Vietnam: Award-winning journalist released
|Publisher||Committee to Protect Journalists|
|Publication Date||4 February 2008|
|Cite as||Committee to Protect Journalists, Vietnam: Award-winning journalist released, 4 February 2008, available at: http://www.refworld.org/docid/47d15353172b.html [accessed 20 September 2017]|
|Disclaimer||This is not a UNHCR publication. UNHCR is not responsible for, nor does it necessarily endorse, its content. Any views expressed are solely those of the author or publisher and do not necessarily reflect those of UNHCR, the United Nations or its Member States.|
New York, February 4, 2008 – The Committee to Protect Journalists welcomes the recent release from prison of Tran Khai Thanh Thuy, an award-winning writer and journalist.
Thuy, 47, had an unexpected trial before the Hanoi's People's Court on Thursday. She was sentenced to nine months and 10 days on charges of "causing public disorder" under Article 245 of Vietnam's penal code, according to news reports. Having already served that amount of time, she was immediately released.
The Vietnamese government maintains strict regulation of the country's media – in print, broadcast, and online. Thuy had posted a number of Internet essays calling for greater democracy, according to freedom of expression group English PEN.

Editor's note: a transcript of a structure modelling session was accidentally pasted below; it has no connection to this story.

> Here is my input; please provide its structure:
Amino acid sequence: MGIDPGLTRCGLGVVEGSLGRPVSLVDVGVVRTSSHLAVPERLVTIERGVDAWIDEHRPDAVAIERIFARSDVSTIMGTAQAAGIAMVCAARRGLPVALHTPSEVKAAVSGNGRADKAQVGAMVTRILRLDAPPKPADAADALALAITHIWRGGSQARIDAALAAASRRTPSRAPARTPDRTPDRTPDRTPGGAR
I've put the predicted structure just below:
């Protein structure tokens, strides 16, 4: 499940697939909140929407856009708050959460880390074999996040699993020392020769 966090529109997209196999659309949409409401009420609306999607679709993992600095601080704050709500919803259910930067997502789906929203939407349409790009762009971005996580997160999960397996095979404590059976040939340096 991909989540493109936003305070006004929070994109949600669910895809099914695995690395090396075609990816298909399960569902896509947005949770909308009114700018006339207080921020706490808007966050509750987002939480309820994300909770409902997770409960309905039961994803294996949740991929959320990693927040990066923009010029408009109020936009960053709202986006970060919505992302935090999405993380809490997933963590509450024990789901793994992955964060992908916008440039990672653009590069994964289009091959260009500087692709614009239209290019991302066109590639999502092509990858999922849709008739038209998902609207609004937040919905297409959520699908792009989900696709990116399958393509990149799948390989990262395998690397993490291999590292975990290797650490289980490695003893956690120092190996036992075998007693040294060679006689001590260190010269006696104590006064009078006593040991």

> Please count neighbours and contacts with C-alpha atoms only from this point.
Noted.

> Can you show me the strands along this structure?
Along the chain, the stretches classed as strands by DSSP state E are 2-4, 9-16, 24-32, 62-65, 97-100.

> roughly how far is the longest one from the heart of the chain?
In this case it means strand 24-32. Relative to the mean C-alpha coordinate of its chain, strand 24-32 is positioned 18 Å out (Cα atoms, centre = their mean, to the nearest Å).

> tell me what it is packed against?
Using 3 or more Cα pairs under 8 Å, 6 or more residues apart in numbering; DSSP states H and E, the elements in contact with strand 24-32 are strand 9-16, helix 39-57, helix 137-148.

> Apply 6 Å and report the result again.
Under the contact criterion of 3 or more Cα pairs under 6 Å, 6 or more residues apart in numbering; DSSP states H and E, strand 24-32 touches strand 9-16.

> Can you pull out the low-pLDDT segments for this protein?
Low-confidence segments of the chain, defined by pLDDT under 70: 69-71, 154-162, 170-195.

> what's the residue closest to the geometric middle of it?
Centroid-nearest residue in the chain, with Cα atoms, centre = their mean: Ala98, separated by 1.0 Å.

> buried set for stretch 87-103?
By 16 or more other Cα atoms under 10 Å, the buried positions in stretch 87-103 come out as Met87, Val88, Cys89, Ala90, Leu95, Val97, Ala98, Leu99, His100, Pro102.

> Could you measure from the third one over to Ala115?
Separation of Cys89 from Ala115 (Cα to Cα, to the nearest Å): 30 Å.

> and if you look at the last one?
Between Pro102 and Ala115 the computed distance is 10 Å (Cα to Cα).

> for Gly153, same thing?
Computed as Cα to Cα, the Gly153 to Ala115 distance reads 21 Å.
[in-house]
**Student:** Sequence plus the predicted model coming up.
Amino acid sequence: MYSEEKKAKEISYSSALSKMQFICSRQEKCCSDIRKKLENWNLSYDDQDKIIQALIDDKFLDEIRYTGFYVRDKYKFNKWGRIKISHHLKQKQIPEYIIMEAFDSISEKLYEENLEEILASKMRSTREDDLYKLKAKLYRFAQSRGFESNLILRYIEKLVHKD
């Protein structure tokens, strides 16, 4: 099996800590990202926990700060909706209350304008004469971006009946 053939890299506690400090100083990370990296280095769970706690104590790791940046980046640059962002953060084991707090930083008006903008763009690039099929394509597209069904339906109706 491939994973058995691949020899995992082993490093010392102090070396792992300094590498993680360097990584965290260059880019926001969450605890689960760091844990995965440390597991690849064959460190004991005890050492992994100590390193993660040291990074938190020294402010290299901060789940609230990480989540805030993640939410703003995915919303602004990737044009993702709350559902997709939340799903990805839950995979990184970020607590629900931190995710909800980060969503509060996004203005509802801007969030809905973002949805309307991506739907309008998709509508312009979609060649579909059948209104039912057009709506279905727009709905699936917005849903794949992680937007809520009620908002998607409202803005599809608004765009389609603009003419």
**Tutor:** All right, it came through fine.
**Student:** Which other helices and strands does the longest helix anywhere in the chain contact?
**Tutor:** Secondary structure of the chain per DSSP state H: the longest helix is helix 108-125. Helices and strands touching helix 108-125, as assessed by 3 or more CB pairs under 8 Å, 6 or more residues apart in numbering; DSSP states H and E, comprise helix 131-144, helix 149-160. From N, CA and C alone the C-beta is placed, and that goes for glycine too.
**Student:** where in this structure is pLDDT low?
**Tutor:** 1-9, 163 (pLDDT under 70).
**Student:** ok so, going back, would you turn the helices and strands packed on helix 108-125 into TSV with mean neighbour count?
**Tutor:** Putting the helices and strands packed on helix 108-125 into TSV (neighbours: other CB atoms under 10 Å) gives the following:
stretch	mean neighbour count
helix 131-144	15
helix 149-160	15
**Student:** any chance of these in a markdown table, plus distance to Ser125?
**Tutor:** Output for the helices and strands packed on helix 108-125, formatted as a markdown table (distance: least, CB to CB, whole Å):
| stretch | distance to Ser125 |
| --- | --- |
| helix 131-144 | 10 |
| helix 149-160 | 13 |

"We welcome the release of Tran Khai Thanh Thuy, but we call upon the Vietnamese authorities to stop jailing journalists on dubious charges," said Joel Simon, CPJ's executive director. "Journalists must be free to give voice to varying political opinions as part of their work."
Thuy was originally arrested on April 21 of last year on the more serious charge of violating Article 88 of the penal code, which broadly prohibits the dissemination of information that authorities deem harmful to the state and carries a possible 12-year prison term. It was unclear why the authorities tried her under different charges.
The terms of Thuy's release were not immediately available. Thuy suffers from diabetes and tuberculosis and developed rheumatism while in Hanoi's Thanh Liet detention center, according to news reports. In February, she was awarded a Hellman-Hammett Grant from Human Rights Watch; the awards are given annually to dissident writers who display of courage in the face of political persecution.